More than 1 billion units recalled in 2021; heightened regulation and enforcement activity ahead in 2022

February 28, 2022

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MEMPHIS, Tenn., February 28, 2022 – More than 1 billion units of food, drugs, medical devices, automobiles and consumer Sedgwick brand protection releases full year of U.S. product recall data and analysis

products were recalled in the U.S. in 2021. According to the latest ‘State of the Nation Recall Index report’ published by Sedgwick, 2021 marks the second year in the last decade to surpass the 1 billion milestone. As regulation and enforcement increases amongst industries, understanding and managing risks will be pertinent in 2022.

As a global leader in recall and remediation services, Sedgwick’s brand protection experts are uniquely positioned to deliver industry-leading product safety research and analysis. Working in partnership with clients across all industries, Sedgwick manages the risks and minimizes the impacts of in-market business and product crises. Unlike Sedgwick’s traditional quarterly Index reviews, this extended edition takes a year-in-review review of 2021. It is the only report of its kind that aggregates and tracks essential sector data to help U.S. business leaders mitigate litigation and reputational damage caused by recalls and other in-market product incidents.

Some of the recall highlights:

  • The automotive industry saw 28.4 million units recalled in all of 2021, approximately 44% fewer than in 2020.
  • With 218 recalls in 2021, the consumer product industry saw its lowest overall number of recalls in the past five years.
  • FDA food recalls continued its decline with just 414 recalls in all of 2021, marking the fewest recalls in the past 11 years.
  • The pharmaceutical industry saw a five-year low for the number of recall events with a total of 274 for all of 2021.
  • In 2021, the medical device industry saw the highest number of units recalled in the past ten years with 602.5 million units impacted.

Looking ahead in 2022:

  • For the automotive industry, advancements in vehicle technology continue to create more safety and regulatory challenges that automakers must monitor and adapt to. Data privacy concerns around connected vehicles, the safety of new technology and the newest crash-safety features rolling out on autonomous and electric vehicles must all be considered.
  • As 2021 closed, consumer product manufacturers were looking ahead at the myriad of regulations set to take effect in January 2022. While the Consumer Product Safety Commission (CPSC) looks for ways to make reporting easier for businesses, there is no sign that they are pulling back on the firm stance they have taken on compliance and enforcement. The agency is also clearly committed to ensuring that businesses take a holistic approach to notifying consumers about recalls.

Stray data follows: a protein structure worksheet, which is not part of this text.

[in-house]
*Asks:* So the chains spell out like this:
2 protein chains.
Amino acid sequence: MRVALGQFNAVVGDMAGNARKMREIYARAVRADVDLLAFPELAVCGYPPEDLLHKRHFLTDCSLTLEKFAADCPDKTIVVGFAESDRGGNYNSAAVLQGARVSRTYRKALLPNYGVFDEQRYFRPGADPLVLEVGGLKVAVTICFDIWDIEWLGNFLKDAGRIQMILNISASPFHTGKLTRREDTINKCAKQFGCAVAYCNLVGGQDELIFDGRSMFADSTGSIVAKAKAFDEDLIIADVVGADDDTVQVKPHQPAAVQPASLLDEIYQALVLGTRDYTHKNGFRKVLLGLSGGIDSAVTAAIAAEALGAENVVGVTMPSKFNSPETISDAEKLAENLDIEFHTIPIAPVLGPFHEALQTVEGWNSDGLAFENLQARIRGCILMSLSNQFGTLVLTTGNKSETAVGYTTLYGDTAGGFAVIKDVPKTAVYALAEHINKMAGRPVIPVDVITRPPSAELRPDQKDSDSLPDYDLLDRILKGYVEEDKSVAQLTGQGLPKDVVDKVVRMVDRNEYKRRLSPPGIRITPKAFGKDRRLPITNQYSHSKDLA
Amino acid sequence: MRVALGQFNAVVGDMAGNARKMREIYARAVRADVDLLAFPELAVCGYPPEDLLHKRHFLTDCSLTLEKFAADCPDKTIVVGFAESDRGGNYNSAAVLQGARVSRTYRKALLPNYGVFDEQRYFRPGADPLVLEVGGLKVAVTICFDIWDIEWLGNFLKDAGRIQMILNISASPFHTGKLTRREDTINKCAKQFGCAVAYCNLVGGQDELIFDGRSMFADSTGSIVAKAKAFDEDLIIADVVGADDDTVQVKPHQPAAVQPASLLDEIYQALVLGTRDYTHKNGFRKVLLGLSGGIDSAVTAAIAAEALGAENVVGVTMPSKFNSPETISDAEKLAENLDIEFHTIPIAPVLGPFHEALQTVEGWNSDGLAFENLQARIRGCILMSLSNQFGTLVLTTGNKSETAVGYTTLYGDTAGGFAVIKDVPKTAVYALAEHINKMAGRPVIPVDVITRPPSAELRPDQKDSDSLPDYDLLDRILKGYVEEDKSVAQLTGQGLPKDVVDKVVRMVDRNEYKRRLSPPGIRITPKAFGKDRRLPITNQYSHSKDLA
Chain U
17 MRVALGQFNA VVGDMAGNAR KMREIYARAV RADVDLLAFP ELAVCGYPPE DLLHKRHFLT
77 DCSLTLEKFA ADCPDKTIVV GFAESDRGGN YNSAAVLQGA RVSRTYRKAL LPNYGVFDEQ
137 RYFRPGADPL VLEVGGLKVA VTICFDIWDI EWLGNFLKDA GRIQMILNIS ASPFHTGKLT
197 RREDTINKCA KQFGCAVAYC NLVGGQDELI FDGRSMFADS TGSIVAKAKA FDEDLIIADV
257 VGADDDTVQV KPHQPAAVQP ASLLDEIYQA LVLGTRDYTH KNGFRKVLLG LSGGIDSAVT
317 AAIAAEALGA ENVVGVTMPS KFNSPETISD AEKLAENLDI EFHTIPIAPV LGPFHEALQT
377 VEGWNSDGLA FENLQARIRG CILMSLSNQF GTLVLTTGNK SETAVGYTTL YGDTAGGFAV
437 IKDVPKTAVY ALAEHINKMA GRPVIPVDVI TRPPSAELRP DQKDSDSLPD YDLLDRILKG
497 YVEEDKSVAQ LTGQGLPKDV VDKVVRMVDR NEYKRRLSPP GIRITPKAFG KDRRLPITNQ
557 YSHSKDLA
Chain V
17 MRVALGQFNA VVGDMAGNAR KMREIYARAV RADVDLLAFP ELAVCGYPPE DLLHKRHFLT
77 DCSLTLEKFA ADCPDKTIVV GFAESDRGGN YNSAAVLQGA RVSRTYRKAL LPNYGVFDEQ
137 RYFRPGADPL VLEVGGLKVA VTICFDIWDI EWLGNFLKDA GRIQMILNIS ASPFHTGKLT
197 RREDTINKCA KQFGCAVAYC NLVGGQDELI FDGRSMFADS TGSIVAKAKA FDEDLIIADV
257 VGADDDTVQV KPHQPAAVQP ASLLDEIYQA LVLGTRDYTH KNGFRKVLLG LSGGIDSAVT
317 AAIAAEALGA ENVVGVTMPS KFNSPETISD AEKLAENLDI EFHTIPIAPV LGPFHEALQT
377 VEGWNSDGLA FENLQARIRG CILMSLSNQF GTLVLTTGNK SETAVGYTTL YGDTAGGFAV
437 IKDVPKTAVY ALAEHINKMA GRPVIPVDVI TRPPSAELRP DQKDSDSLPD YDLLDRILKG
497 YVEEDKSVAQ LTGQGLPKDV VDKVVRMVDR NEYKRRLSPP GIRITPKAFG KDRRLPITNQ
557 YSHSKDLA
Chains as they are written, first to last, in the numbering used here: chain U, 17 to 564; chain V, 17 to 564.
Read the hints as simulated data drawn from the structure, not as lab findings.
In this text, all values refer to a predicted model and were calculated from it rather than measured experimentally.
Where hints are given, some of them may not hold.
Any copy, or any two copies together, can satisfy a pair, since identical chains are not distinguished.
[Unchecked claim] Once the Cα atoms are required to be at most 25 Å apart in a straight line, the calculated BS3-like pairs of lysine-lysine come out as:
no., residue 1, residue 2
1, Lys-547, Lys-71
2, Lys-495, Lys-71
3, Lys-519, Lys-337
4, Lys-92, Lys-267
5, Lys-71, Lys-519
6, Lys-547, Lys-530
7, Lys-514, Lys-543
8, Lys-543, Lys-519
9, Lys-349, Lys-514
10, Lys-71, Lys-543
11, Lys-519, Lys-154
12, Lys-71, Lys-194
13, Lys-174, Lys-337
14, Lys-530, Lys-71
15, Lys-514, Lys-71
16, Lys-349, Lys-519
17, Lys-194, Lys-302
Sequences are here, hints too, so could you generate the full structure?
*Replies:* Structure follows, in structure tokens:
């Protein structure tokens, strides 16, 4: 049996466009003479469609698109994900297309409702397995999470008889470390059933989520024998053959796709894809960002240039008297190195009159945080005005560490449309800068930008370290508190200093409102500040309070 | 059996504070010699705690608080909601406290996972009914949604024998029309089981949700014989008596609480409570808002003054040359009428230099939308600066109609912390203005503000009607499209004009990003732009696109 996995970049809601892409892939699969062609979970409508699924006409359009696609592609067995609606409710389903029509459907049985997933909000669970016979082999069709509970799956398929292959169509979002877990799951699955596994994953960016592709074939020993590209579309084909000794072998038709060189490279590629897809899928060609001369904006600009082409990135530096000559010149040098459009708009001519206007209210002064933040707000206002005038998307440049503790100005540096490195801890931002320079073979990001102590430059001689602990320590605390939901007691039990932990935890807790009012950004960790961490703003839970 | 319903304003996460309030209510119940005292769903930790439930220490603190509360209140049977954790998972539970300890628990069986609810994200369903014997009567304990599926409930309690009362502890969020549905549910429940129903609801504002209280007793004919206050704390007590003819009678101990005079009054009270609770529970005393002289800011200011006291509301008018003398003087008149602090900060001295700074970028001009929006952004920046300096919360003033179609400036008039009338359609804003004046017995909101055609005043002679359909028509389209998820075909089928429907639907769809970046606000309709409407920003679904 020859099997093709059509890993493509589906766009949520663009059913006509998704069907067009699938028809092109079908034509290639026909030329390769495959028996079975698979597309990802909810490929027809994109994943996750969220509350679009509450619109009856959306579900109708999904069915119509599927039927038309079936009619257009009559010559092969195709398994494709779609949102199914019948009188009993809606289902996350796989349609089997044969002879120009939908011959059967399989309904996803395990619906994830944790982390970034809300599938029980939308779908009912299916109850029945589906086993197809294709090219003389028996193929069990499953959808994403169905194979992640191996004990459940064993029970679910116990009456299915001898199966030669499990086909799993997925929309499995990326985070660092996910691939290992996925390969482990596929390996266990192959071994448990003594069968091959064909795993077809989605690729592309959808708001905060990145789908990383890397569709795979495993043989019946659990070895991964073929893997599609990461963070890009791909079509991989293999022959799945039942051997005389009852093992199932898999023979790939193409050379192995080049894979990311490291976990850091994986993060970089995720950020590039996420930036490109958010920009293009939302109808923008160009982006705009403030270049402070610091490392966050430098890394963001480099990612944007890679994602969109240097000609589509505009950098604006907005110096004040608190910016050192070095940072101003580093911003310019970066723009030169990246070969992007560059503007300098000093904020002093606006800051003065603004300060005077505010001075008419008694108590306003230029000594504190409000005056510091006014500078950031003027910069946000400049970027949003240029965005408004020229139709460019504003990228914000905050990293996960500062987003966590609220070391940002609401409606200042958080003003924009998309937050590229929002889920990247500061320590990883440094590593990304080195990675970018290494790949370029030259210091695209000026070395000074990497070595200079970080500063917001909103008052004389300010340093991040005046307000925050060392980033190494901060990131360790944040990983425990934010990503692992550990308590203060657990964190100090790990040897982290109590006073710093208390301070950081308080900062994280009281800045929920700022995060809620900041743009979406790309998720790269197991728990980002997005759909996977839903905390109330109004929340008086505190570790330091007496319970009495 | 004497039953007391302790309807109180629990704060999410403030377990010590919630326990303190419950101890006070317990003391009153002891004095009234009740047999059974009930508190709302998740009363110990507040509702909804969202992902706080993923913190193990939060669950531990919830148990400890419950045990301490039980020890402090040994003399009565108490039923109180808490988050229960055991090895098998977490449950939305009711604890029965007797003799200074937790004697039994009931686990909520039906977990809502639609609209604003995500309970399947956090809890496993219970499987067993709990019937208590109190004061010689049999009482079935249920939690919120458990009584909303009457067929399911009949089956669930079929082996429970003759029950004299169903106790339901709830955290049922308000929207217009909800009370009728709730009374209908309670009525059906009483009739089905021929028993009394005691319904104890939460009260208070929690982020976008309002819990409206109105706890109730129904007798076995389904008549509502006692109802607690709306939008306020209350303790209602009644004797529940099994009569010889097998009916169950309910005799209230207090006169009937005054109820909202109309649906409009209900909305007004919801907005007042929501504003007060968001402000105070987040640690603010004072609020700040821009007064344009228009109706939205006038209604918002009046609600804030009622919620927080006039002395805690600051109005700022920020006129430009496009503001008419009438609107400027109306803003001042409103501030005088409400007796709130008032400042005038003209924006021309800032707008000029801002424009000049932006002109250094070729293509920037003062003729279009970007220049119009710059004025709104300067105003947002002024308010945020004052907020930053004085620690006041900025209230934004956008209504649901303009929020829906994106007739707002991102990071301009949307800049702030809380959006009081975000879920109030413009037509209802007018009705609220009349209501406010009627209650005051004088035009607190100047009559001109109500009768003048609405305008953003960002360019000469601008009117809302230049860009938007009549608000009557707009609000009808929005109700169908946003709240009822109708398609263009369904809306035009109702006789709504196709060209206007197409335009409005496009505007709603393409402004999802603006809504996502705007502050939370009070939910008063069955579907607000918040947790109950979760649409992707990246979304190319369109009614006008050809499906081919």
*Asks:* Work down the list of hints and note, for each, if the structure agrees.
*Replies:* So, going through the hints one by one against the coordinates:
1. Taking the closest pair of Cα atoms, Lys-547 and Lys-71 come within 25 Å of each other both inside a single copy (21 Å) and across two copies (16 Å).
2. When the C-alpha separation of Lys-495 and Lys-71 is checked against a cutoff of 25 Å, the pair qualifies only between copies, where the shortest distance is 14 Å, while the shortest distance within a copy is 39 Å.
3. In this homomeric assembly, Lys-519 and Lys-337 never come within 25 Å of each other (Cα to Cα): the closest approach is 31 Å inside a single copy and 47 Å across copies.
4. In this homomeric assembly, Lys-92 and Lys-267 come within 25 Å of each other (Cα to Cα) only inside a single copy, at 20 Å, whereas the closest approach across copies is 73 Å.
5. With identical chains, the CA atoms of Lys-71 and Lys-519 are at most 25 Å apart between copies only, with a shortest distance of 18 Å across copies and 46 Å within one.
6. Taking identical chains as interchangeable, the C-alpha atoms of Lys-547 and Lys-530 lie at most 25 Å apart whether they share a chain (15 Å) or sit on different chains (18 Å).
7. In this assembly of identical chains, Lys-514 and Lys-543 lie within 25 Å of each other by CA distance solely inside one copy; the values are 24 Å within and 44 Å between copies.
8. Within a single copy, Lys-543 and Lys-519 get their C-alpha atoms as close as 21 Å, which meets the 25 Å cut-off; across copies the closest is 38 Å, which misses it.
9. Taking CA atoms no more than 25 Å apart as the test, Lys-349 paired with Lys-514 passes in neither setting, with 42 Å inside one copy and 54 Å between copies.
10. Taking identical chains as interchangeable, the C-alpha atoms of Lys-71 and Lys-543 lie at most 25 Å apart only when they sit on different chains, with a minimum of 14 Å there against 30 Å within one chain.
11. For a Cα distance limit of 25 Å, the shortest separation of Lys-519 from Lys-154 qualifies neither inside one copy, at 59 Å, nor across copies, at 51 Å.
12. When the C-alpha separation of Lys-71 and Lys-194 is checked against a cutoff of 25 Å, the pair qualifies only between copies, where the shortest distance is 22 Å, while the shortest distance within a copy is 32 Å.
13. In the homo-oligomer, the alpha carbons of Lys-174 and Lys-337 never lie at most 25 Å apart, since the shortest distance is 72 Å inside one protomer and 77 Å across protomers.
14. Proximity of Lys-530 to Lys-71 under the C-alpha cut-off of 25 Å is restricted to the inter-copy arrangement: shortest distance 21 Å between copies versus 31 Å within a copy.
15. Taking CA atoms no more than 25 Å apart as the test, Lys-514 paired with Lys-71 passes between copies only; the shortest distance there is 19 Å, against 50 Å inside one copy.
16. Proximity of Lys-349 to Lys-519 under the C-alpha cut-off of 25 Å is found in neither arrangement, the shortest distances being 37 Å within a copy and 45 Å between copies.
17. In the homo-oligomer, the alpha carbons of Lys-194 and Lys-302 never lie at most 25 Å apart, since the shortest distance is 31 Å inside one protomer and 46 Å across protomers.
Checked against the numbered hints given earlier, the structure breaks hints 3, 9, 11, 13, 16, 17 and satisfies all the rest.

• The Food and Drug Administration (FDA) announced its Foodborne Outbreak Response Improvement Plan in December of 2021. It is clear the actions presented in the plan will not be only for the agency, but also for manufacturers. How reporting and tracing regulations will change for companies is still unclear, but businesses should review the guidelines and start planning for how their operations and reporting structures may need to adapt.
  • The growing number of cyberattacks on hospitals and healthcare systems is a concern that regulators are following in the medical device space. Not only are devices at risk of being the source of a data or security breach, but there is also an added risk to patient care and health. The FDA is responding to cybersecurity concerns in a variety of ways, including creating a new leadership position focused on medical device security within the FDA’s Center for Devices and Radiological Health (CDRH).
  • The dramatic rise in the use of Emergency Use Authorizations (EUAs) has changed the pharmaceutical industry. It is expected that the FDA will continue to grant EUAs in an effort to end and contain the pandemic. As pharmaceutical companies seek these special authorizations, they should ensure not rush anything on compliance and recall preparedness. The pharmaceutical industry should also be planning for post-pandemic life and how to navigate the transition from EUAs to normal regulatory approvals.

“While the ongoing global health crisis continues, it seems that regulators across most market categories are looking ahead and starting to increase surveillance and enforcement,” said Chris Harvey, Sedgwick senior vice president. “Businesses, especially those that made changes to their operations or suppliers during the pandemic, must be ready for more inspections and oversight. My advice is to review all recall management, crisis and communications plans now before the regulators come knocking.”

is an essential reference for manufacturers and retailers seeking impartial and reliable perspective on past, present and future recall data and product safety trends. For more information, please visit

To download the U.S. 2022 state of the national recall index report, visit U.S. product recall index report.

Tags: Brand protection, Property, Recall Index, risks, View on brands, View on property